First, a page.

Can owning a pet be beneficial to your health? – Part 1

I don’t have a pet, because I can’t take it in my house, but I support a local animalist association in Savona, Italy, where I live and I’ve known and helped many cats and dogs to find a new family and also to give a first aid to the street cats that are brought to my association to be healed and given to somebody.

Before, when I lived in Genoa, in front of the main door of my house, along the street, there was a big, red female cat that was very sweet with me, always liking my caresses and my company.

I couldn’t take her in my home, at least in the coldest days of winter, because, in that period, I lived with my mother and she hated cats.

Another person, an old man living in my block of flats, gave her food and medical care: he was a “gattaro”, like is called here in Italy and, despite I never gave her food, she liked much my company.

This also to answer to people believing that cats are egoist and opportunist!

So, I can witness some of the beneficial effects of what is called “PET THERAPY” that are mainly PSYCHOLOGICAL and NERVOUS, giving a well-being state that contrasts depression, anxiety and sadness, stimulating the production of endorphins, the hormones responsible of pleasant sensations.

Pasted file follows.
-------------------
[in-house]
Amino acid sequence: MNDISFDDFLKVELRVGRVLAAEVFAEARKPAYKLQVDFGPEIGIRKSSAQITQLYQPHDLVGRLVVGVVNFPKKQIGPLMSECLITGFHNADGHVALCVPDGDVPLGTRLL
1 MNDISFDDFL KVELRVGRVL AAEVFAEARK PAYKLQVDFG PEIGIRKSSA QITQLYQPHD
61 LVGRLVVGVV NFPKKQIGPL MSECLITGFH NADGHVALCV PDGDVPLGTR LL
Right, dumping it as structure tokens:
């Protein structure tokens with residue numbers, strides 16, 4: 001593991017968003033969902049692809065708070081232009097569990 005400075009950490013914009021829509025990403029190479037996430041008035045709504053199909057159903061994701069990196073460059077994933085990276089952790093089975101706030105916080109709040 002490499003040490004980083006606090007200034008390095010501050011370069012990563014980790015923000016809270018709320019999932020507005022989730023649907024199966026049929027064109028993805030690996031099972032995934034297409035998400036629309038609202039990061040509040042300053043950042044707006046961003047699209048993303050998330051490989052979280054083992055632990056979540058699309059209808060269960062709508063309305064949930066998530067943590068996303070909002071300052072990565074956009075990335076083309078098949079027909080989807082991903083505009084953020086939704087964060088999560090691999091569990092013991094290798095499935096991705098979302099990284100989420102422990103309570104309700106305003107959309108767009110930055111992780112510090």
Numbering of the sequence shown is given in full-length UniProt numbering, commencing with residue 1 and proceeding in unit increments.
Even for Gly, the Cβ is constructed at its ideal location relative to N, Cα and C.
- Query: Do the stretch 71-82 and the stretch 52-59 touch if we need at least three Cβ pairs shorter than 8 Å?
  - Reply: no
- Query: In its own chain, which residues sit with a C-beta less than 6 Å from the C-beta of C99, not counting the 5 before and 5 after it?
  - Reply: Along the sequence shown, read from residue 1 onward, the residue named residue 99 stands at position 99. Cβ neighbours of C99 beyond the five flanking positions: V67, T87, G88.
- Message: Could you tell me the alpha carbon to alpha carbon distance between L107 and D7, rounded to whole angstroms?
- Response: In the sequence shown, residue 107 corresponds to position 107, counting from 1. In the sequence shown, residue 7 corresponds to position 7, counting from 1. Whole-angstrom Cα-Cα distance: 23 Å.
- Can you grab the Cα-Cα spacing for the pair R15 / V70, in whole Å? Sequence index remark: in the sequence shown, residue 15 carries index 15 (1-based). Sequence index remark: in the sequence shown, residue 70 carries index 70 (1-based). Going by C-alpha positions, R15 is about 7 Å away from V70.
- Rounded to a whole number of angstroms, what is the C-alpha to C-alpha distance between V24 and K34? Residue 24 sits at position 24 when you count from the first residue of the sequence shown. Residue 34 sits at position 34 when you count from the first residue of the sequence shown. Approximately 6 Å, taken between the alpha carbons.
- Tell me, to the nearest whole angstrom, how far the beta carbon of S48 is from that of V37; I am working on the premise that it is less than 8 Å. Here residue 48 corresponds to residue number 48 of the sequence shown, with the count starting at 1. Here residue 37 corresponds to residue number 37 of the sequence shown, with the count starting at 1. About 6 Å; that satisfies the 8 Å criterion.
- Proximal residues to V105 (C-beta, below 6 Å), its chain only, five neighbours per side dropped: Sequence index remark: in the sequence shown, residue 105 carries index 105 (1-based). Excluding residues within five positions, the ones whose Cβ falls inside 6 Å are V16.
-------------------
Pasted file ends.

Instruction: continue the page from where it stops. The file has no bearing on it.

Also my nerves also enjoy the presence of a pet to care, touch and hug with a pleasant relax that makes me forget what stressed me in that period (unemployment).

I know that pet therapy is today practiced on purpose also for NOT normal persons, like children and adults suffering of autism, sensorial deficits, mental and physical disabilities, etc., with good results, because these patients react better to what is around them, thanks to the direct contact with a pet that gives back the affection it receives.

The pet, maybe, attract their attention, stimulates them to make something and to accept a little responsibility towards the animal.

Children, today, can stay in swimming pools with dolphins, ride pony horses, play with cats, dogs and rabbits in their schools and institutes and sometimes, also in hospitals.

Then, pets have been recently introduced in PRISONS to heal prisoners’ loneliness and depression and to make arise in them a sense of responsibility for the need of looking after a little life.

Surely, not all prisoners can be considered able to have a pet in their cells and, furthermore, in Italy, prisons are overcrowded in the average and it’s still difficult to make stay a little pet in such critic situations. So, I hope that psychologists that have to decide whom to give a pet are able to make well their work.

Pets are benefical for us because they keep us closer to mother-nature and to an equilibrium that, otherwise, would be more difficult to reach or preserve.

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